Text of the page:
De Drue et al. published an article entitled "The Neuropeptide Oxytocin Regulates Parochial Altruism in Intergroup Conflicts Among Humans" in the 11 June 2010 issue of Science. Parochial altruism is defined as self-sacrifice to benefit our own group ("in-group love") and to hurt or sabotage out-groups ("out-group aggression"). In-group love supports the power of the in-group and is an indirect way of competing with the out-group. Out-group aggression is a way of reducing the our-group's power and so an indirect way of supporting the in-group. This is an important explanation for human social evolution and the authors explore whether oxytocin is a part of the biological basis. Oxytocin, a nonapeptide made by the magnocellular neurons and released from the posterior pituitary, acts as a neurotransmitter and hormone, and influences the amygdala, hippocampus, brainstem and the autonomic nervous system through its influence on the spinal cord. The authors quote prior work that demonstrated that affiliating with close kin associates with increases in blood plasma oxytocin. Greater empathy, generosity and other-regarding preferences associate with increased oxytocin receptors (OXTR). They also note that oxytocin administered by nasal spray promotes trust and cooperation and reduces the tendency to take advantage of others.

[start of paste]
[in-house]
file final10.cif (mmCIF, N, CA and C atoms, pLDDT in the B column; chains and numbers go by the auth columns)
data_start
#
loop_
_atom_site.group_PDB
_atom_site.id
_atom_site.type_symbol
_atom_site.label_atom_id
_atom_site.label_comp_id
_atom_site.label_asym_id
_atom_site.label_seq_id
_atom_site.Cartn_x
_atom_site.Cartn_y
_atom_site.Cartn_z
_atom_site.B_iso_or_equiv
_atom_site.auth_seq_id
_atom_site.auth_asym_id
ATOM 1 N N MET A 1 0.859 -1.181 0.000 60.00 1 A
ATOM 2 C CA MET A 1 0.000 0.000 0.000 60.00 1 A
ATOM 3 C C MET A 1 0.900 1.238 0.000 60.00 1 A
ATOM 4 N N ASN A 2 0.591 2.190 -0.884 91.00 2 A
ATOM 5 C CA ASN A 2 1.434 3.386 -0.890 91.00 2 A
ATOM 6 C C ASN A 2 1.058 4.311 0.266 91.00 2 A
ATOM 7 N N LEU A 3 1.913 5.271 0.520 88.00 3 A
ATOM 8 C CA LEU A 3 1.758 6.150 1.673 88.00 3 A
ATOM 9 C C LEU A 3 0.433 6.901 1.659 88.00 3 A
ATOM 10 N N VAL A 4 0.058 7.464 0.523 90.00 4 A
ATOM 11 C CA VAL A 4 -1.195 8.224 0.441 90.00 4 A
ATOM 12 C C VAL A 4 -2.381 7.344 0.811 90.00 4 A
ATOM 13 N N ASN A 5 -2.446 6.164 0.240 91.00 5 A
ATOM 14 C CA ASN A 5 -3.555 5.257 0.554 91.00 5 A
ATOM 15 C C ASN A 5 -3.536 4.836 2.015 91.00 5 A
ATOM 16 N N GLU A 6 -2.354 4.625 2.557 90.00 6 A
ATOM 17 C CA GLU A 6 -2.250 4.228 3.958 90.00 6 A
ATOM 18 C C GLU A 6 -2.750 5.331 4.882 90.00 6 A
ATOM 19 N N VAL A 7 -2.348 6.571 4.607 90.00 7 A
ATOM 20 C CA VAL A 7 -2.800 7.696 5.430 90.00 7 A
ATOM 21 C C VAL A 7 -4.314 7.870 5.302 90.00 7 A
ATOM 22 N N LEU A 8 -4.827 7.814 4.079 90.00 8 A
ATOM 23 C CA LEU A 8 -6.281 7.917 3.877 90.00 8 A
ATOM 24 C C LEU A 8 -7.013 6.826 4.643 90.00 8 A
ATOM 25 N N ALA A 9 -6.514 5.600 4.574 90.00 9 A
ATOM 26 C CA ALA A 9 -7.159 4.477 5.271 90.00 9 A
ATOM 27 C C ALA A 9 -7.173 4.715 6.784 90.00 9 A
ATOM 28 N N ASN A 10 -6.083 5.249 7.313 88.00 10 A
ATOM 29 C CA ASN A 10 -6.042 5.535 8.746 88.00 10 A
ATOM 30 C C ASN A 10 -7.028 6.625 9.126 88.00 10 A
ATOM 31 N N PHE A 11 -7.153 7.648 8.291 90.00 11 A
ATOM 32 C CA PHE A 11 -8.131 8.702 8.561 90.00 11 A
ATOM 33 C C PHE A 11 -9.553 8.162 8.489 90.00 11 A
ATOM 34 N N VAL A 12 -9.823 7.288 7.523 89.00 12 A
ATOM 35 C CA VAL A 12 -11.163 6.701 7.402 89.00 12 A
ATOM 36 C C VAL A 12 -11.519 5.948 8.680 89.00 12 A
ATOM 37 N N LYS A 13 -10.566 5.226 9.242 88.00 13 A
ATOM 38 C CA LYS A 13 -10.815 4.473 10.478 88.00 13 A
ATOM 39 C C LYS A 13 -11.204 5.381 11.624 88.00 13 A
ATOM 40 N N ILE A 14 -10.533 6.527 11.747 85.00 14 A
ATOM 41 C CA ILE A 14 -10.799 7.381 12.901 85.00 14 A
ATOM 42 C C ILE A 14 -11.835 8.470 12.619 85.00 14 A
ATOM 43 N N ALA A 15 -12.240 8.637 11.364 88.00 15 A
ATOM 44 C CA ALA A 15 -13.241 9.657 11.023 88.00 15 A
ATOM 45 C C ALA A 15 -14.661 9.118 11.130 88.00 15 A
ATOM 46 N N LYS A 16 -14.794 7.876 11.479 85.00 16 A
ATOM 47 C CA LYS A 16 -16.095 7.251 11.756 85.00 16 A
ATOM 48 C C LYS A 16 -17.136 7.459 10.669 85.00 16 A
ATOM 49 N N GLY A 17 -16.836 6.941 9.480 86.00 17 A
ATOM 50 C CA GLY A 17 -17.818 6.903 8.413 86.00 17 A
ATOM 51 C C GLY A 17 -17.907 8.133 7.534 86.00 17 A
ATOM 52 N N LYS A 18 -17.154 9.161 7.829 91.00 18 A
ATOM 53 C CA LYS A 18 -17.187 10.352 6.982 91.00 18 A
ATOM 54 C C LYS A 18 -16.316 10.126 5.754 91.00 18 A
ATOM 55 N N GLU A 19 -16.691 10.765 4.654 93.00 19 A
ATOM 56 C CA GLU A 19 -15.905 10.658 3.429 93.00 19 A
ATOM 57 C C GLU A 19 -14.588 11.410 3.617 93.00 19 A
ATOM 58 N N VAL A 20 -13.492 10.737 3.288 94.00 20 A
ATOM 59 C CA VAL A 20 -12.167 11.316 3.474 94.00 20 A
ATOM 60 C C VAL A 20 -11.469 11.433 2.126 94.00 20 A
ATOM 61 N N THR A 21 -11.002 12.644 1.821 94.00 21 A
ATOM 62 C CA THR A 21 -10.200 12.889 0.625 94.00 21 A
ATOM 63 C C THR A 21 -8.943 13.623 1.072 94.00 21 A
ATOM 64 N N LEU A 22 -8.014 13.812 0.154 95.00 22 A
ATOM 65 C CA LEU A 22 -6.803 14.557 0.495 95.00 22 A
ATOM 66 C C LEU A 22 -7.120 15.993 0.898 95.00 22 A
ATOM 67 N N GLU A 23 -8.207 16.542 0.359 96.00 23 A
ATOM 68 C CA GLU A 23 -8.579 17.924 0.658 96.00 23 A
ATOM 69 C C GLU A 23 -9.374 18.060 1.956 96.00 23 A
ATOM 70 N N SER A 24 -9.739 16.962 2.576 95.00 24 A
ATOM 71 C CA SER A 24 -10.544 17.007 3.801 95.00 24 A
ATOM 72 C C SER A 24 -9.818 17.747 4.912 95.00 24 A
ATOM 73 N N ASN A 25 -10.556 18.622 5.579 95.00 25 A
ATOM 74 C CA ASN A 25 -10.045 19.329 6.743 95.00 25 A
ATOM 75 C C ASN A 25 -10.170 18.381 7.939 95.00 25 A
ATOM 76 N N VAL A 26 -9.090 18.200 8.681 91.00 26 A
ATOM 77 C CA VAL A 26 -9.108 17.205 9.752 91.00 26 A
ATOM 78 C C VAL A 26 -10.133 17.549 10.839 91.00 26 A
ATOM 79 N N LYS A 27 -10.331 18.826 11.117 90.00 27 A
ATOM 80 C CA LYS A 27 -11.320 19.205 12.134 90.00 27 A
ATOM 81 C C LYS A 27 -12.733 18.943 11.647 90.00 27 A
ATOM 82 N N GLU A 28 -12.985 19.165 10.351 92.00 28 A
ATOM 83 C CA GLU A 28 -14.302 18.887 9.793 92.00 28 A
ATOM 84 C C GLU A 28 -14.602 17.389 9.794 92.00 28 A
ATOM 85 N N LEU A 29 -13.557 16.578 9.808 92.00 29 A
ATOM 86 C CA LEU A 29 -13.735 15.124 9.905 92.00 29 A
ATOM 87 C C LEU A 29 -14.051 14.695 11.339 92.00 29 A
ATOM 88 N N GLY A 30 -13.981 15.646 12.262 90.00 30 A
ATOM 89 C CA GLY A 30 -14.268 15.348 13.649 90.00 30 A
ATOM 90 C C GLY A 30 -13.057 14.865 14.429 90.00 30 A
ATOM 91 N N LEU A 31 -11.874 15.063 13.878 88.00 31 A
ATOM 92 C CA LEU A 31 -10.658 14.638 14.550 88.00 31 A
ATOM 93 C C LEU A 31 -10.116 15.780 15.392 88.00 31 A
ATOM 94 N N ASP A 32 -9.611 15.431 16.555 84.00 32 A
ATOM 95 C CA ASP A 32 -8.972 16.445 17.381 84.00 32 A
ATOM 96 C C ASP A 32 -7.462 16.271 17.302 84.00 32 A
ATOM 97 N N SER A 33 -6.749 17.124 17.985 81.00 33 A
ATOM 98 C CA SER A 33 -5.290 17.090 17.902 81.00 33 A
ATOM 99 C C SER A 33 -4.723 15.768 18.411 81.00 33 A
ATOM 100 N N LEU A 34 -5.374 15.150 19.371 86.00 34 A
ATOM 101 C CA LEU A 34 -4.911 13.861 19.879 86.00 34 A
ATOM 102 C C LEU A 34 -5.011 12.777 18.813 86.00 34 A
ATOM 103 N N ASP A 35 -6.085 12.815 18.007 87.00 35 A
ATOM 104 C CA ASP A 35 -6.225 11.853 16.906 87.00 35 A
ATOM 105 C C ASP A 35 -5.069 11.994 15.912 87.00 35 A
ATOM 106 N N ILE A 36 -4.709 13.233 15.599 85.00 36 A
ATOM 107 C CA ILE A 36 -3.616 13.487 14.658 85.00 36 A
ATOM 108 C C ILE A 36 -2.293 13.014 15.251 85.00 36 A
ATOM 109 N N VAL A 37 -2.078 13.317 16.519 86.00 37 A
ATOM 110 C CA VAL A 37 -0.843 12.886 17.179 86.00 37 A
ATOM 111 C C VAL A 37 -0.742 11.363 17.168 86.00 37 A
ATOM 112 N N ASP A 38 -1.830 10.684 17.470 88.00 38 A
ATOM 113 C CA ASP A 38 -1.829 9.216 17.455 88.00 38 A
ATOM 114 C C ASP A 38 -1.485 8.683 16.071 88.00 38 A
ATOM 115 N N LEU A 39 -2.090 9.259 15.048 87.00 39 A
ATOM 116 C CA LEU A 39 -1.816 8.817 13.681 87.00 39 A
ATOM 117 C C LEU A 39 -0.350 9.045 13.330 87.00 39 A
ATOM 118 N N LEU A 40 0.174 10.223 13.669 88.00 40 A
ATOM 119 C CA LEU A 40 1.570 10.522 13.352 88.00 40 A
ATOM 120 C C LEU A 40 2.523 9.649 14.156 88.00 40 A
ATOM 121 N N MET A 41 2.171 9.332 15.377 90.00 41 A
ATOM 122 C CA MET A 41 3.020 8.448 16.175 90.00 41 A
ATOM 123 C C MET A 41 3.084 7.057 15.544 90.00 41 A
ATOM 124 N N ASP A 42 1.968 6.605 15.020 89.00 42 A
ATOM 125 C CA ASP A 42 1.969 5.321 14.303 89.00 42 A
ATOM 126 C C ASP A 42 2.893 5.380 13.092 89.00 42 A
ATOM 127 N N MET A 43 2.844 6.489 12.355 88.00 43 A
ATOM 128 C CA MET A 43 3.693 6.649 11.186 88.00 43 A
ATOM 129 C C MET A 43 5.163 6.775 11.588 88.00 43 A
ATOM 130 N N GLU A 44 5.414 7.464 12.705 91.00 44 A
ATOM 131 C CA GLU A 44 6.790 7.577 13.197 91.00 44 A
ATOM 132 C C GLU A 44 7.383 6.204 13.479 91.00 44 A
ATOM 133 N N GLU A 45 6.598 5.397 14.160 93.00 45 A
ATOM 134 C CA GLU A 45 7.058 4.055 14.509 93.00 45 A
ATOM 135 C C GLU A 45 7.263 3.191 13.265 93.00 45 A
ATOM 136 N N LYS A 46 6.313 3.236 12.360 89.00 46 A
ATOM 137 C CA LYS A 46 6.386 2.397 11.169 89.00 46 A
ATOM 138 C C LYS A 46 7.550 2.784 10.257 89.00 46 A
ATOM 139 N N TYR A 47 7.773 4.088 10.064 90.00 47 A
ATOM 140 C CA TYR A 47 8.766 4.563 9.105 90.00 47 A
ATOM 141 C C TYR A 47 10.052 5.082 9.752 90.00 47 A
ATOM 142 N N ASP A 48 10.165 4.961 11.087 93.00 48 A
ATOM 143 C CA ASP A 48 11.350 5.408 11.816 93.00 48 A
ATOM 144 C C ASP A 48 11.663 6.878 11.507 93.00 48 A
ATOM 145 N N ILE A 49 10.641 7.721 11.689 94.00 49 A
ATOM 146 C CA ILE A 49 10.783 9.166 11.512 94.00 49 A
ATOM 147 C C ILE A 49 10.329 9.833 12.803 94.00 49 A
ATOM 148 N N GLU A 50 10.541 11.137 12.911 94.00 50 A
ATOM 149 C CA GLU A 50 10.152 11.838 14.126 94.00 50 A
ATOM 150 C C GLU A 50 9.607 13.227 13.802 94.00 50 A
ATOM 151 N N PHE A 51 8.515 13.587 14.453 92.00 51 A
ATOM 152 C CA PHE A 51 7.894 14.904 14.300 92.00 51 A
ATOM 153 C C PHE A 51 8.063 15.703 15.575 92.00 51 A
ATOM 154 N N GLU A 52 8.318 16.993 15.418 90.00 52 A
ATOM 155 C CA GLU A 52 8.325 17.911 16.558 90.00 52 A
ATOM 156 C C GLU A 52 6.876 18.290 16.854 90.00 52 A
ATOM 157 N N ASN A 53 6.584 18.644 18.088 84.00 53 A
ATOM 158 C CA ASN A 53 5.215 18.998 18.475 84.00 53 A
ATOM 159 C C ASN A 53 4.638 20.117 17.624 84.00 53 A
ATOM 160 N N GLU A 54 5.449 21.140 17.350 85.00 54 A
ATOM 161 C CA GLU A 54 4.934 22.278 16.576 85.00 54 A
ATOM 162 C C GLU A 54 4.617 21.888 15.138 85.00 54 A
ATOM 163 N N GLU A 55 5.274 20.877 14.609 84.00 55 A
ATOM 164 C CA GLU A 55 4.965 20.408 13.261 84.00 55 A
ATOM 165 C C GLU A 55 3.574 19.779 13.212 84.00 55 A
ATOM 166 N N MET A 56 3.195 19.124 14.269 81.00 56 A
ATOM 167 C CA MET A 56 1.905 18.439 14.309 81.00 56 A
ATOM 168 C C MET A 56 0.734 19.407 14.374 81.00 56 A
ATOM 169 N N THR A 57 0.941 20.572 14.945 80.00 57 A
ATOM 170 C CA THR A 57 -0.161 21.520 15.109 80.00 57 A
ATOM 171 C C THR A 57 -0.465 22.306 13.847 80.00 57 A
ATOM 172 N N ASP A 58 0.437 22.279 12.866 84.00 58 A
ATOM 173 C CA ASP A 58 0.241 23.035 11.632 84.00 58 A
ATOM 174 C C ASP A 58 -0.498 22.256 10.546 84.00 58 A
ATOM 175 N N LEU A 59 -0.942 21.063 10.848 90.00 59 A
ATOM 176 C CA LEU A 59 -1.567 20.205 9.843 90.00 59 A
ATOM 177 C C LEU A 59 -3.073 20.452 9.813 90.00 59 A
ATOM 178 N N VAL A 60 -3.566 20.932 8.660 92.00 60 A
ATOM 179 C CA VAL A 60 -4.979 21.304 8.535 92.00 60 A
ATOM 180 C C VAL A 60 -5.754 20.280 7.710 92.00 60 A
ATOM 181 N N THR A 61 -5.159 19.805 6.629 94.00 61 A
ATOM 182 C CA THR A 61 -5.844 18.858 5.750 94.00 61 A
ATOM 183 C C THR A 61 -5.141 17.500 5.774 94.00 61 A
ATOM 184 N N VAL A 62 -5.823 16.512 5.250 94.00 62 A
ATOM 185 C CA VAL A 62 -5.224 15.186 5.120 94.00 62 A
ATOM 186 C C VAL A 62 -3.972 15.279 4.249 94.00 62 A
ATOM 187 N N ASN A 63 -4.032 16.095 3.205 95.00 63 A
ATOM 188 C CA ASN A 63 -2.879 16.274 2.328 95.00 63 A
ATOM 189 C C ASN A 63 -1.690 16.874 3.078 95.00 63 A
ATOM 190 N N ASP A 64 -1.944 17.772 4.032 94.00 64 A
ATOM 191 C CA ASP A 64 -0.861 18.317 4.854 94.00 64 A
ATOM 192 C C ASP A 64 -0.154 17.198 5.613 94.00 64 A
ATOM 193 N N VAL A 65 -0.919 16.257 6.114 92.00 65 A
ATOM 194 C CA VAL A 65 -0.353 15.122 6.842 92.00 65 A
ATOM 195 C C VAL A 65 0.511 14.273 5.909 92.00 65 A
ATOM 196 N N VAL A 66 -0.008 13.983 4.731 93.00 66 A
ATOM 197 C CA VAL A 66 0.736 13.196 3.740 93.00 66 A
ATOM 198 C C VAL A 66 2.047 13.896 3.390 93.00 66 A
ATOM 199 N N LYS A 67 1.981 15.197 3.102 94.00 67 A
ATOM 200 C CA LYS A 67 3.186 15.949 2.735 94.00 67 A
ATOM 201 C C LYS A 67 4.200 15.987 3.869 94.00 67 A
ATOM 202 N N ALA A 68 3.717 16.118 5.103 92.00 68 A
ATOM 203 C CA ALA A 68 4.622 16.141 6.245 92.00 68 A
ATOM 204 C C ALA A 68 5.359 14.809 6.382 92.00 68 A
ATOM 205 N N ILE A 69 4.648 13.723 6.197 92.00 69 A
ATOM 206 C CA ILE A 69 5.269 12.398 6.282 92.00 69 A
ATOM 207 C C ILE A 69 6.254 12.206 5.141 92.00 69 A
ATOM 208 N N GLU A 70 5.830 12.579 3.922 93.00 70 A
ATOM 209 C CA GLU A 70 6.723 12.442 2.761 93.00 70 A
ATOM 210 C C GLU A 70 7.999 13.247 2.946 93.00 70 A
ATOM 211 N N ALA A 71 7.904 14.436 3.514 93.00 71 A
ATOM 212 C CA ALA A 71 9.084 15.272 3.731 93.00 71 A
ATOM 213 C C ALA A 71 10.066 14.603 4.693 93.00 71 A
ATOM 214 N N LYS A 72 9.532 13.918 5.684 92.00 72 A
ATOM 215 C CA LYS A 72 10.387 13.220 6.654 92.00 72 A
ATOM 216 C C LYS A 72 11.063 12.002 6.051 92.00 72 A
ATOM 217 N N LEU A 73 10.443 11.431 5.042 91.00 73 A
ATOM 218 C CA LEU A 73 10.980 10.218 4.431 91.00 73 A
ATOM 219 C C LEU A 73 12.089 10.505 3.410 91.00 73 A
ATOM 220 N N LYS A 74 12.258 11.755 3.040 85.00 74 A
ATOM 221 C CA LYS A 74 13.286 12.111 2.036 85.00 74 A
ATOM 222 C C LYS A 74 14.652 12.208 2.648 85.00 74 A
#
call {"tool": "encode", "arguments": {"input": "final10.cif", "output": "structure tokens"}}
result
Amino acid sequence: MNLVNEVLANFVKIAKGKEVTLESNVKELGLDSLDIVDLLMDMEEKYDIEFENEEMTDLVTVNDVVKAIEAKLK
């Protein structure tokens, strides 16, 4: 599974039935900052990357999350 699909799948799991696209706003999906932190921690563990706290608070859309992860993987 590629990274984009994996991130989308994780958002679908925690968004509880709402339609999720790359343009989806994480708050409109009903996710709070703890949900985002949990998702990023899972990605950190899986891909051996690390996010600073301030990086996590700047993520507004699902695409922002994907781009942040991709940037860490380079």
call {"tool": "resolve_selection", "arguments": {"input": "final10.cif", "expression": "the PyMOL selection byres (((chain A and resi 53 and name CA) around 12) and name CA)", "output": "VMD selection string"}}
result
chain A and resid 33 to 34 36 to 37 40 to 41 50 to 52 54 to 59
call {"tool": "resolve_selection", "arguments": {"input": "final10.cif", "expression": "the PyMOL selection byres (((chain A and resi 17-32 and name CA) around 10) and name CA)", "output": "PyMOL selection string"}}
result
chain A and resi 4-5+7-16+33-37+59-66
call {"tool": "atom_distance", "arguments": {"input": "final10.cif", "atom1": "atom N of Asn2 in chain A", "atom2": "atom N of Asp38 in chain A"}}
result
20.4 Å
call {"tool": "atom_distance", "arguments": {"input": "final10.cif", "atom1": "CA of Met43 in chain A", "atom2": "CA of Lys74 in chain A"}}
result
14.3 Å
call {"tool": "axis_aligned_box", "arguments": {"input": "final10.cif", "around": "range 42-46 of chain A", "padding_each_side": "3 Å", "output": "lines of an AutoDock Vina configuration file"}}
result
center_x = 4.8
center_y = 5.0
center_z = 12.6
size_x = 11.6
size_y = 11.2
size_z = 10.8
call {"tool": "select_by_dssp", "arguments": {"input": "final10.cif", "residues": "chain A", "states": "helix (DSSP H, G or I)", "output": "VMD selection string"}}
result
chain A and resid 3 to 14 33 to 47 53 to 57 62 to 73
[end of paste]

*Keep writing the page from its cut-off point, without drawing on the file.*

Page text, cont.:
Three experiments were designed to evaluate the in-group-out-group issues. All were placebo-controlled, double-blinded and involved male participants receiving nasal spray oxytocin or placebo. After thirty minutes, the participants were assigned to two three-person groups. The assigned group was the in-group and the other the out-group. They were introduced to prisoners dilemma game in which they made confidential decisions that had consequences for the fellow in-group and the our-group.
Analysis of the experiments goes beyond what I will discuss here due to time and complexity factors, however, what they suggest follows. It has been shown that oxytocin promotes social bonding in humans and animals. In this study, male participants made three confidential decisions between cooperation and noncooperation. The researchers postulated that since noncooperation with the out-group promotes in-group love they would expect it to be stronger under the influence of oxytocin. They also expected protectionism to be higher when out-group fear was high. What they found was that noncooperation was higher in those given oxytocin compared to placebo when out-group fear was high rather than low. They also showed that in-group protectionism and trust correlated with participant noncooperation toward the out-group. The authors state "these findings reflect a 'tend and defend' pattern in which oxytocin stimulates humans to aggress against out-group threat in order to protect their in-group."
So this work is another in a string of findings that link oxytocin to bonding pathways found in humans, voles, and zebra finches. It also illuminates a rational basis for considering altruism and aggression as close cousins. Finally, this study encompassed only half of humanity - males. How big a role this plays in our integration into groups and their success remains a question.